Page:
One of the major reasons why school Chromebooks are often criticized is their poor durability. These devices are typically made with cheap plastic construction, which makes them prone to damage. The use of low-quality materials may have been a cost-saving measure, but it has resulted in devices that are not built to withstand the daily wear and tear of student use.

Cheap Plastic Construction

Chromebooks designed for school use are often made with inexpensive plastic materials. While this may keep the cost down, it also means that the devices are more susceptible to damage. Unlike laptops made with sturdier materials like aluminum or magnesium alloy, these Chromebooks are more likely to crack or break if dropped or mishandled by students.

Prone to Damage

Due to their fragile nature, school Chromebooks are prone to damage. Students, especially younger ones, may accidentally drop or mishandle these devices in the classroom or during transportation. The lack of durability can result in cracked screens, broken keyboards, or damaged ports, rendering the Chromebook unusable and requiring costly repairs or replacements.

Not Built to Withstand Student Use

Another issue with school Chromebooks is that they are not built to withstand the rigorous use in an educational setting. Students often use these devices for several hours a day, and they may not always handle them with the utmost care.

The constant opening and closing of the lid, typing, and carrying the device in backpacks can put significant strain on the hinges and other components, leading to premature wear and tear.

According to a study conducted by XYZ Research, it was found that 70% of school Chromebooks experienced some form of damage within the first year of use.

While some manufacturers have started to address the durability issue by introducing more robust models specifically designed for educational environments, many schools still rely on cheaper, less durable options due to budget constraints.

It is essential for school districts to consider the long-term costs of constantly repairing or replacing these devices and evaluate the benefits of investing in more durable alternatives.

Bulk Procurement Policies

Focus on Lowest Bidders

One of the main reasons why school Chromebooks may be perceived as “bad” is the focus on procuring devices from the lowest bidders. Educational institutions often have limited budgets and are constantly looking for cost-effective solutions.

As a result, they tend to prioritize price over quality when purchasing Chromebooks in bulk. This means that the devices they acquire may not have the same level of performance and durability as higher-end models.

Moreover, the lowest bidders might cut corners to offer a lower price, resulting in compromises in terms of hardware components, build quality, and overall user experience. This can lead to issues such as slow performance, frequent crashes, and limited functionality.

It is important for schools to strike a balance between budget constraints and investing in devices that can meet the needs of students and educators effectively.

Lack of Quality Control

Another factor contributing to the perception that school Chromebooks are “bad” is the lack of rigorous quality control measures in the procurement process. When purchasing devices in bulk, it can be challenging for educational institutions to thoroughly test each individual unit for performance and reliability.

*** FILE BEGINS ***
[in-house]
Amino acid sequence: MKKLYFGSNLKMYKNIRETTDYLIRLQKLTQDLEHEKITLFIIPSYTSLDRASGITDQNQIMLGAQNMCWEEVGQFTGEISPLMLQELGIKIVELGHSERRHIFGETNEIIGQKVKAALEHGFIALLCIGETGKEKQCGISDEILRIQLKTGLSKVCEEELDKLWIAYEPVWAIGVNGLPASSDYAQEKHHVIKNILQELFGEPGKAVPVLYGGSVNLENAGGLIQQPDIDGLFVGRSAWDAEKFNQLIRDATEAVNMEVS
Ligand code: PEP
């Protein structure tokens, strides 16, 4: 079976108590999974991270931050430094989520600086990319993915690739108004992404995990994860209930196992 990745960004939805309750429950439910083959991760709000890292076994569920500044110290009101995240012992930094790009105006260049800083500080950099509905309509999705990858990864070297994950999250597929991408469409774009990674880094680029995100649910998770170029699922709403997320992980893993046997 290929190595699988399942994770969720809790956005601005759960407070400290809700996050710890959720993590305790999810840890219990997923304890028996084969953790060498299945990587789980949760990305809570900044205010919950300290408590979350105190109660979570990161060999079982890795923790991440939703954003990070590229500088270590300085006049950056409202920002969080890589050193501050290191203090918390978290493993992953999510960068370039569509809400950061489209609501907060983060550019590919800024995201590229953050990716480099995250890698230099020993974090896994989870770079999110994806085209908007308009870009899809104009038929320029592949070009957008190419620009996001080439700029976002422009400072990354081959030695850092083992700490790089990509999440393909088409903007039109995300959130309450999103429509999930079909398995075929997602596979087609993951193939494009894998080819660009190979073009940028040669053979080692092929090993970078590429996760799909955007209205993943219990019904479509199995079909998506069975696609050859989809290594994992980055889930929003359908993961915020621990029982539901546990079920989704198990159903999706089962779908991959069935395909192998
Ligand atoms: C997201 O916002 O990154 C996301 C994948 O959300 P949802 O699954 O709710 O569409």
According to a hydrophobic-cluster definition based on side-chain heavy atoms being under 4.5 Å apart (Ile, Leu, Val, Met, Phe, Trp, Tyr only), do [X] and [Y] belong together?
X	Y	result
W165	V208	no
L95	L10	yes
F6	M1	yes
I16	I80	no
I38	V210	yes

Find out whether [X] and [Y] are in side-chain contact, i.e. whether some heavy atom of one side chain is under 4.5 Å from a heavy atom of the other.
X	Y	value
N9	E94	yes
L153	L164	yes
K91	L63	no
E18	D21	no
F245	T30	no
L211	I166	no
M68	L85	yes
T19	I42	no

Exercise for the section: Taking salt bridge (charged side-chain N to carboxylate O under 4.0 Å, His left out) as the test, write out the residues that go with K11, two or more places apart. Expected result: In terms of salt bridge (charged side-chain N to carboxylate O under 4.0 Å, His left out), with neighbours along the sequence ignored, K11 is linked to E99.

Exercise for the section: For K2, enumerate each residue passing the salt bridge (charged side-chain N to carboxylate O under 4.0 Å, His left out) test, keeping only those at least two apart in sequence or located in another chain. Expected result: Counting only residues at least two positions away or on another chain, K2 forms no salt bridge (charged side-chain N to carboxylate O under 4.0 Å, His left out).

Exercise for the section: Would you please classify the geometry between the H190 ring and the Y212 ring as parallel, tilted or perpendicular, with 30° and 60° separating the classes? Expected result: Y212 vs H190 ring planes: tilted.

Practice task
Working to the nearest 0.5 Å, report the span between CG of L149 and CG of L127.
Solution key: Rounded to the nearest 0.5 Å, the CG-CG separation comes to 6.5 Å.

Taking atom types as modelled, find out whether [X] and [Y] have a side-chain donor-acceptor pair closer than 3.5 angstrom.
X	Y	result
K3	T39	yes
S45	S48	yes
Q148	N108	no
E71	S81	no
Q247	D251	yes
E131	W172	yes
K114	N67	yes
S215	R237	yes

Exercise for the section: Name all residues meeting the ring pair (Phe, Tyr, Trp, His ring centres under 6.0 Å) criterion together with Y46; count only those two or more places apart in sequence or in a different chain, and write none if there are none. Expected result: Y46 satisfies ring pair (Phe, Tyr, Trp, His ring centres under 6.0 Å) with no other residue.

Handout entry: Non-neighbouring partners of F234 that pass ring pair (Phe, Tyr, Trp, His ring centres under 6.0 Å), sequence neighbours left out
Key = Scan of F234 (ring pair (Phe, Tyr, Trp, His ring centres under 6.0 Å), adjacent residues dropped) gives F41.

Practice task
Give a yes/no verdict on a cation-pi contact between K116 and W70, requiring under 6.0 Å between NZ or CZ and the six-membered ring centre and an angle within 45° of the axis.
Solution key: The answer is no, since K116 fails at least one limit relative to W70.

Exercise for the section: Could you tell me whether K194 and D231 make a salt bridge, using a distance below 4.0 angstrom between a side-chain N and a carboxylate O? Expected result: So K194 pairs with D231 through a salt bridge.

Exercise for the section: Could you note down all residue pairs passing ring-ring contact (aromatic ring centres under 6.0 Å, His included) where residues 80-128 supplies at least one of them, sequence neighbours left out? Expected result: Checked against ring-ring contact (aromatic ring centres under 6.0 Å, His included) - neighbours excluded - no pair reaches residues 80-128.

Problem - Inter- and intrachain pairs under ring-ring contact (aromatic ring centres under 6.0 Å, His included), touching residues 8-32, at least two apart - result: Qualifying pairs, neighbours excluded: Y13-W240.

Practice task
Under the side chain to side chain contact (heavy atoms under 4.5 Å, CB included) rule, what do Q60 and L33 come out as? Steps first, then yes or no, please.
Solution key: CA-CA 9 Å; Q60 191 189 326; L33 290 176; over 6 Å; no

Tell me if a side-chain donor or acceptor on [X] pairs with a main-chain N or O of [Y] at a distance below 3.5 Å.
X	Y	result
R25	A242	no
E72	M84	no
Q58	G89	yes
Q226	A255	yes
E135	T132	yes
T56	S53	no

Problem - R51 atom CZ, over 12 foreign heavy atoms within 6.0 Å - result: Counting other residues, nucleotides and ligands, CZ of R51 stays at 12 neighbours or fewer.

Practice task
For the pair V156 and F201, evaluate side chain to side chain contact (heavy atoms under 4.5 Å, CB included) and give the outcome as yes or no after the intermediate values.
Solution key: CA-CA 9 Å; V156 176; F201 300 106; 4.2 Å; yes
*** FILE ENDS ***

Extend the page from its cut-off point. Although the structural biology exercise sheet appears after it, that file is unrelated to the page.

This lack of quality control can result in inconsistencies across the devices, with some exhibiting issues while others perform adequately. Additionally, it becomes difficult to identify and address any potential defects or manufacturing flaws.

Implementing more stringent quality control measures, such as conducting sample testing and working closely with manufacturers, can help ensure that the Chromebooks meet the necessary standards.

Failure to Invest in Better Models

While cost considerations are understandable, some schools may fail to invest in better models of Chromebooks due to budget limitations. This can result in purchasing outdated or underpowered devices that may not be able to keep up with the demands of modern educational technology.

With rapid advancements in technology, it is crucial for schools to stay updated and invest in Chromebooks that offer improved performance, longer battery life, and enhanced features. Upgrading to newer models can greatly enhance the learning experience for students and improve the overall efficiency of the education system.

By prioritizing investment in better models, schools can provide students with the necessary tools to excel academically and keep pace with the ever-evolving digital landscape.


While Chromebooks can serve a purpose in schools thanks to their low cost and ease of management, the many compromises made to achieve those benefits result in a subpar computing experience for students and teachers alike.

By understanding the root causes behind their limitations though, education policymakers can make better informed decisions around technology investments to provide quality devices that enhance learning.

The next time you’re frustrated with the performance and restrictions of your school Chromebook, remember the bigger forces at play that lead educational institutions to purchase low-cost, low-power machines in bulk.

With some lobbying and smarter policies, we can equip students with better tools to succeed in today’s digital education landscape.